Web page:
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                        SUN PROTECTIVE CLOTHING                    

Clothing is an important sunscreen. Clothing is chemical free, and is inexpensive.  Good clothing is a complete block.

There are now UV blocking clothes also on the local market which have a specific weave that permits airflow but blocks UV radiation. These clothes tend to be expensive, but they are generally effective.  They are especially useful for people who practice watersports.


The American Society for Testing and Materials has recently developed standards for manufacture and labeling of sun protective products. The new units for UV protection are called UPF (Ultraviolet Protection Factor). UPF measures the ability of the fabric to block UV from passing through it and reaching the skin.
• Good UV Protection (for UPF 15-24),
• Very Good UV protection (for UPF 25-39), or
• Excellent UV Protection (for UPF 40-50)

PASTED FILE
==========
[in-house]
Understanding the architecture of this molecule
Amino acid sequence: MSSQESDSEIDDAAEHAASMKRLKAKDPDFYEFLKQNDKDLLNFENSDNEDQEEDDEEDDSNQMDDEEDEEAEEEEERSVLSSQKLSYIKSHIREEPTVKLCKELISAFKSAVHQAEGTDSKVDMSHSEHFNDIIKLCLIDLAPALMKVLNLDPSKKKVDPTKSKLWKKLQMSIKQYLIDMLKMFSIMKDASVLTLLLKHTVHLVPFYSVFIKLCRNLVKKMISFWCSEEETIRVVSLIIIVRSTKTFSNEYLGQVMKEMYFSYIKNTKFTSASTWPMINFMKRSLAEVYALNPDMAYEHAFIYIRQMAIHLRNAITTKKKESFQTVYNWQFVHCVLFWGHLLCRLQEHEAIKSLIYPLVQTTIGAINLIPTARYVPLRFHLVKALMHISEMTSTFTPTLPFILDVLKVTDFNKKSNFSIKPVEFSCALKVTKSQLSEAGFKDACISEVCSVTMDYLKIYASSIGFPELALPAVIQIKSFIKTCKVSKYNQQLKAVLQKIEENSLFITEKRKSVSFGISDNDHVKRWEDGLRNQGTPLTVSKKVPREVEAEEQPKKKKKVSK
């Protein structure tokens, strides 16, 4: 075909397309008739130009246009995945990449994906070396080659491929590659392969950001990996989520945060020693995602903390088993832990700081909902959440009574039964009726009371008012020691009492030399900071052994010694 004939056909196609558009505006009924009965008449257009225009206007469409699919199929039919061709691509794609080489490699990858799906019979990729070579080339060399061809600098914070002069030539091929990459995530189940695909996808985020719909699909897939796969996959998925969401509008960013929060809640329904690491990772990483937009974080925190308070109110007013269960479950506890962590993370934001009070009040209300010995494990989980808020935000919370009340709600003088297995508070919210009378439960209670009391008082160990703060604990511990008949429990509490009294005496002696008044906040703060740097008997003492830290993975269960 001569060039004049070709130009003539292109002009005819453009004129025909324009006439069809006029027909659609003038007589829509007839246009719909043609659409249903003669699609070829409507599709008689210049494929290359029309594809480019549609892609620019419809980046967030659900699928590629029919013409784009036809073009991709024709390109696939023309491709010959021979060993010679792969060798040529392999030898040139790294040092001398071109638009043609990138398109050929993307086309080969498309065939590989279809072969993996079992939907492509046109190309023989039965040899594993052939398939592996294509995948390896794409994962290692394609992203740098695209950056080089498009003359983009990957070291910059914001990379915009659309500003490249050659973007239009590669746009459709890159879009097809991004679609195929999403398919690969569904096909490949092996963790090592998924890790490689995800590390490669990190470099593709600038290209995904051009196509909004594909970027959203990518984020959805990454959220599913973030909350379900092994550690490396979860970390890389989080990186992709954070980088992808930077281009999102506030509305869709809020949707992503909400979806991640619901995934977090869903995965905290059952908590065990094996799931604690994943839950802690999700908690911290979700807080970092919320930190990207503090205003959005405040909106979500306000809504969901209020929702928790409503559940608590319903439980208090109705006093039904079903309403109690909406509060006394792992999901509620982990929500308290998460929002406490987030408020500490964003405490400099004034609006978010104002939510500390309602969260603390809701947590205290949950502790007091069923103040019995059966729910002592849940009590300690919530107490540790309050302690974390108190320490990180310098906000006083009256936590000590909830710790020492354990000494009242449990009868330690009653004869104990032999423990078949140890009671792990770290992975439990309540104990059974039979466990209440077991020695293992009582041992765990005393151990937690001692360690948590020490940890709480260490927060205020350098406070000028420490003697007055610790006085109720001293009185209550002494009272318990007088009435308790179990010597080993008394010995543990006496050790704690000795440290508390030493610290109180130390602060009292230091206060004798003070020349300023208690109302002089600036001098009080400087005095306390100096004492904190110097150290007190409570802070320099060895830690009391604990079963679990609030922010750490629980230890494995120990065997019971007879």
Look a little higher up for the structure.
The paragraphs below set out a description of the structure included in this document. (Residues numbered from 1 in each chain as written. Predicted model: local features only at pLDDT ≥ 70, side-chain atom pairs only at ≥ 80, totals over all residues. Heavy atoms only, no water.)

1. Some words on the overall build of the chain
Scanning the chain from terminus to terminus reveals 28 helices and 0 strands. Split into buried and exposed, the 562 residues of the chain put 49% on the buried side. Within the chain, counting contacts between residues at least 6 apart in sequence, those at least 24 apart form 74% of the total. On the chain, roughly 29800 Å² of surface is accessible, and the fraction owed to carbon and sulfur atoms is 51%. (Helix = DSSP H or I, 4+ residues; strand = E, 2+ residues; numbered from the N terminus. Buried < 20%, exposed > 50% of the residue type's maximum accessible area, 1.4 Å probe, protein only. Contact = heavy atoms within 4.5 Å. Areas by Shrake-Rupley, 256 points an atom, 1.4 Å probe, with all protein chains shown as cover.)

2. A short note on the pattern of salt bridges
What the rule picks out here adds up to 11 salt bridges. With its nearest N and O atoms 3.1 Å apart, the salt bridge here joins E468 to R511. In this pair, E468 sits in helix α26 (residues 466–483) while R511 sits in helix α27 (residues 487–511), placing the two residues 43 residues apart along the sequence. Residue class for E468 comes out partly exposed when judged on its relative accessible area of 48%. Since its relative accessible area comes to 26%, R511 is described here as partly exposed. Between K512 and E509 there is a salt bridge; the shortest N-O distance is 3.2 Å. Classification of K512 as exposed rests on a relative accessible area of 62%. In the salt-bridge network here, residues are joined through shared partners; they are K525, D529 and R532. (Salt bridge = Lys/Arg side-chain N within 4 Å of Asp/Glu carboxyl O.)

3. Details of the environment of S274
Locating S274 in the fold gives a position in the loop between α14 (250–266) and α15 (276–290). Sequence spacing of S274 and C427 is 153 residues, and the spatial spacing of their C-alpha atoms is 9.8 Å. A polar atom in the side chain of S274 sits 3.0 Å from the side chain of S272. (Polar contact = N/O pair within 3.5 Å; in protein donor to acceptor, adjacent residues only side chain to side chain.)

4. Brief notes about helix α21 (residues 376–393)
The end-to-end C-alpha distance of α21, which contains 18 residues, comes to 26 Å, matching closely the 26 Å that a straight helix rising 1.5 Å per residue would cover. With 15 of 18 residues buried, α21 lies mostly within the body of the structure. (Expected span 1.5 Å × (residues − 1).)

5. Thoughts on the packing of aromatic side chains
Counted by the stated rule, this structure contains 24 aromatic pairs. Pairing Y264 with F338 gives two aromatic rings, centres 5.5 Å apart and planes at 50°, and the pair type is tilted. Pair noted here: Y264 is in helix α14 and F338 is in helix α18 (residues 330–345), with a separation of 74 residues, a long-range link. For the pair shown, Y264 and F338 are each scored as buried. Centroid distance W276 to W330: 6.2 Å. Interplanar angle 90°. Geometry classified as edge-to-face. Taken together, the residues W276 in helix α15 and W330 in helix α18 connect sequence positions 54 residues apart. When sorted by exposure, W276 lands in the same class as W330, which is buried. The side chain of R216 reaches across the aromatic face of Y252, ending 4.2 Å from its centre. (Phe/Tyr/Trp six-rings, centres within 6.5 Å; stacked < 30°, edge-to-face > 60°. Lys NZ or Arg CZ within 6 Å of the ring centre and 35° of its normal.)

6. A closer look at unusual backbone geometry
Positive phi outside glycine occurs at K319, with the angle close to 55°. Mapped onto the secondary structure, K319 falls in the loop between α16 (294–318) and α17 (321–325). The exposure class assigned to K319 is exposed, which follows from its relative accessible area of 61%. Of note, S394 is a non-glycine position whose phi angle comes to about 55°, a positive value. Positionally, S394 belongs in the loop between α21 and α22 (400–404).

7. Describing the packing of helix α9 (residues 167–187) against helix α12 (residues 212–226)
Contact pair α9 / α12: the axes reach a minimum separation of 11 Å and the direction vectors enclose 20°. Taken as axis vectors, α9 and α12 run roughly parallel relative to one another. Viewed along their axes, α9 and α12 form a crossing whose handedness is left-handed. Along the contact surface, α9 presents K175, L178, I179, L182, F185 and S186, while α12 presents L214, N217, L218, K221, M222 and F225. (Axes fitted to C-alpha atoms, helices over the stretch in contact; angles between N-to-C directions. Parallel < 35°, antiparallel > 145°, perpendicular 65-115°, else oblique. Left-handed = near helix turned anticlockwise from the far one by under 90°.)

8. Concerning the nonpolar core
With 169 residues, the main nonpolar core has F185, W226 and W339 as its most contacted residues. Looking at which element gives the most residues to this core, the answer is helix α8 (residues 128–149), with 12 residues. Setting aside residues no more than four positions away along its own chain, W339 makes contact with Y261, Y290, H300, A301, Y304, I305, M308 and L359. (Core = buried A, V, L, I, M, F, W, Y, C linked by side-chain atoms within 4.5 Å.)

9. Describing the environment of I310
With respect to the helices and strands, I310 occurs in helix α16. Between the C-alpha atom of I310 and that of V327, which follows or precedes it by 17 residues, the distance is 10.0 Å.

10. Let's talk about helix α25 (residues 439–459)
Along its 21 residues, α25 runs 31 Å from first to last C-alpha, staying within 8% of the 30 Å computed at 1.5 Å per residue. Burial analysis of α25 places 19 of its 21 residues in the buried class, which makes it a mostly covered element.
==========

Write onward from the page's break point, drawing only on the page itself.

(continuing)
Not all fabrics block UV light to the same extent. The UPF of clothing depends on several factors including weave and chemical additives when manufactured (such as UV absorbers or UV diffusers).

Ultraviolet protective factors in order of importance:

• Weave: tightly woven fabric provides greater protection than loosely woven clothing. If you can see light through a fabric, UV rays can get through, too.
• Colour: Dark colours provide better UV protection than light colours
• Weight: Heavier is better
• Stretch: Clothing with less stretch generally has better UV protection
• Wetness: Dry fabric is generally more protective than wet fabric.
The ideal sun-protective fabrics are lightweight, comfortable, and protect against exposure even when wet.

Additionally, you may use sunprotective clothing additives that can be added to your laundry to transform everyday clothing into sun protective gear with a SPF 30. The active ingredient is Tinosorb™ FD, a UV protectant that can boost the SPF protection of a white cotton T-shirt from SPF 5 to UPF 30.



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